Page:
ASEAN’s initiative to block Myanmar appears to have been taken by Malaysia’s Foreign Minister Saifuddin Abdullah who, on October 6, even said that his country is ready to consider holding dialogue with Myanmar’s National Unity Government (NUG) — consisting of ousted MPs and other opposition figures — if SAC does not fully cooperate with the five-point consensus.

Indonesia’s outspoken Foreign Minister Retno Marsudi went even further in a Twitter message on October 15 that said Myanmar “should not be represented at the political level until Myanmar restores its democracy through an inclusive process.”

But, regional security analysts argue, ASEAN’s annoyance with the SAC’s intransigence and the bad rap the bloc has received because of Myanmar’s membership may not be directed solely by concerns about democracy and human rights.

Malaysia and Indonesia have for years been at the receiving end of a flood of Muslim Rohingya refugees from Myanmar. According to UNHCR, at the end of August, there were 179,390 refugees and asylum seekers registered with the international body in Malaysia. 

Of those, 102,990 are Rohingyas, 22,470 Chins (a mainly Christian minority) and 29,390 from other ethnic groups from conflict-affected areas in Myanmar. Although the exact number is unknown, thousands of Rohingya refugees have also ventured in rickety boats to Indonesia.

A wooden boat carrying suspected Rohingya migrants detained in Malaysian territorial waters off the island of Langkawi on April 5. Photo: AFP / Malaysian Maritime Enforcement Agency

Attempts to have them repatriated have failed; neither Malaysia nor Indonesia is in a position to integrate the high number of people fleeing oppression and persecution in Myanmar.

The February 1 coup has also been bad for intra-ASEAN business. Singapore exported US$2.7 billion worth of goods to Myanmar in 2020, mainly mineral fuels, oil, electronics and machinery. But companies from Singapore and other ASEAN members may now face sanctions and boycotts for dealing with Myanmar.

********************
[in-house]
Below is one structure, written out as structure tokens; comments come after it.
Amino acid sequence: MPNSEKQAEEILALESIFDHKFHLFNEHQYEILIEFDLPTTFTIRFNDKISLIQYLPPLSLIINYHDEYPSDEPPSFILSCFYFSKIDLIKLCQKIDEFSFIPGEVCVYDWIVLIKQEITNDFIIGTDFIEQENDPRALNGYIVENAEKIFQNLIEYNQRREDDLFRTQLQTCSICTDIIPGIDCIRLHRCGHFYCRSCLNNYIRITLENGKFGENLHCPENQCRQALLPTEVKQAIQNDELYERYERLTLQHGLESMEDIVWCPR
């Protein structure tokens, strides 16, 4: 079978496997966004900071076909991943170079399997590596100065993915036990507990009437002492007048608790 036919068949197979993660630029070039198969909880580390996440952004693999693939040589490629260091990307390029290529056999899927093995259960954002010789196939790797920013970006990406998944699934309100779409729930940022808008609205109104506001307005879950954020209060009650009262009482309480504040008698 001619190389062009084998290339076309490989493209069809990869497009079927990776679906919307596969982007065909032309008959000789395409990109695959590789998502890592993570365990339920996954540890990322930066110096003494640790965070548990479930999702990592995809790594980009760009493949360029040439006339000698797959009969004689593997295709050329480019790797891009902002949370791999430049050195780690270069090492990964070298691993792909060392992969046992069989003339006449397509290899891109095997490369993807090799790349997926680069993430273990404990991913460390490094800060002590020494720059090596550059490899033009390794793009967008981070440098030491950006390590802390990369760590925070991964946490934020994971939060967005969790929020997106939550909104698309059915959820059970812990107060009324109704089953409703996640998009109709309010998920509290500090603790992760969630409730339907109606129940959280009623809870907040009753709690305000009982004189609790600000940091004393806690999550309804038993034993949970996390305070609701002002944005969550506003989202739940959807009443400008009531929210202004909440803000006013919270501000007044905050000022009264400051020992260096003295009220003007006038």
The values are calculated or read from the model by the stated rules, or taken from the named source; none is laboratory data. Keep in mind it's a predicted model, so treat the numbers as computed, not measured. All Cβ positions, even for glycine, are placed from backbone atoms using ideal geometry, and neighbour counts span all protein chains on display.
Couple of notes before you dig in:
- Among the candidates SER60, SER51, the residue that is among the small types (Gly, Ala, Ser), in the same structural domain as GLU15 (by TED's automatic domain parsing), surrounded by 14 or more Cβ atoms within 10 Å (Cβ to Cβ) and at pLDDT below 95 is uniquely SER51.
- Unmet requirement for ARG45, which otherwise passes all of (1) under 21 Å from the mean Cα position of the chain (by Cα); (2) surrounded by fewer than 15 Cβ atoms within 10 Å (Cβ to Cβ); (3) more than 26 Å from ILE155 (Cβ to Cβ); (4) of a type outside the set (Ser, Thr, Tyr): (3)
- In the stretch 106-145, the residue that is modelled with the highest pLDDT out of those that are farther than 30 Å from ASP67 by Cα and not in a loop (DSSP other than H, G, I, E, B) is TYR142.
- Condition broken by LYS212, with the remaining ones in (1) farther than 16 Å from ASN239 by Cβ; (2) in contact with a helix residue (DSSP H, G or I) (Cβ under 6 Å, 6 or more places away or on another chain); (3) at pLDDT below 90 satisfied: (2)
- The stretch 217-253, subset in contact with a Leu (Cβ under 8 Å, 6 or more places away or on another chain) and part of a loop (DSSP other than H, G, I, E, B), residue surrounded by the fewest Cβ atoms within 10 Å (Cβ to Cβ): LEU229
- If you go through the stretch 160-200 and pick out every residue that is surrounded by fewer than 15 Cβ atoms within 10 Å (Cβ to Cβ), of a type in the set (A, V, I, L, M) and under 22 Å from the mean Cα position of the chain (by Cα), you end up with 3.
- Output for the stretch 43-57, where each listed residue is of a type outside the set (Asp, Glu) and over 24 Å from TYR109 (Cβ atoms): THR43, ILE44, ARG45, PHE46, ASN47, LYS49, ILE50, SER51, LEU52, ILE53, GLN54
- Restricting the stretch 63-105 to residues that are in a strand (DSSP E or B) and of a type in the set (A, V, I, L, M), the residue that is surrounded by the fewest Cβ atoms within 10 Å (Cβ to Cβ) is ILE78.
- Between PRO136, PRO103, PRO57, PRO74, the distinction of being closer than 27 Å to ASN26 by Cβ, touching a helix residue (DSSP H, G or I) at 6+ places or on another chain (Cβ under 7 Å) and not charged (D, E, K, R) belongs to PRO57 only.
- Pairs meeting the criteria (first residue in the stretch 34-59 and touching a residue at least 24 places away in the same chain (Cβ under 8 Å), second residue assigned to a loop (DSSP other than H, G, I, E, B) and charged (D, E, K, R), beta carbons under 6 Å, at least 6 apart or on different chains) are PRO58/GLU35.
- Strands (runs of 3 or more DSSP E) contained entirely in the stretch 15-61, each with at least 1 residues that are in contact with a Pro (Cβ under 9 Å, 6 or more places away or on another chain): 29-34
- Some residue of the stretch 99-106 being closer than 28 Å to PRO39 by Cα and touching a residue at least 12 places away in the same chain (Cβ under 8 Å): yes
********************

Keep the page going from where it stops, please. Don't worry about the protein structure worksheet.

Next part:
Trade with Vietnam was also booming before the coup, with Vietnamese companies investing in real estate and a huge new modern shopping mall in Yangon. Mytel, one of Myanmar’s top telecom operators, is a joint venture between the military-controlled Myanmar Economic Corporation and Viettel, which is owned by the Vietnamese military.

Vietnam, hardly a democracy, would not normally have cared about a military takeover in a foreign country, but the Vietnamese can hardly be pleased to see their co-owned communication towers being blown up by anti-junta protestors and other investments being ruined because of the coup.

No serious observer of the post-coup situation in Myanmar believes that the SAC would ever engage in a meaningful dialogue with Win Myint, Aung San Suu Kyi and other ousted — and now detained — leaders.

So ASEAN is stuck with an ostracized member that had dragged its reputation in the mud and there is little it can do about it than what it has done already: wait and see what happens next.

In true ASEAN manner, the foreign ministers’ statement “reiterated that Myanmar is an important member of the ASEAN family” so Myanmar should be given “the space to restore its internal affairs and return to normalcy.”

But not many will be holding their breath on that one. Myanmar is in turmoil, and there is very little ASEAN can do about it apart from symbolic summit snubs.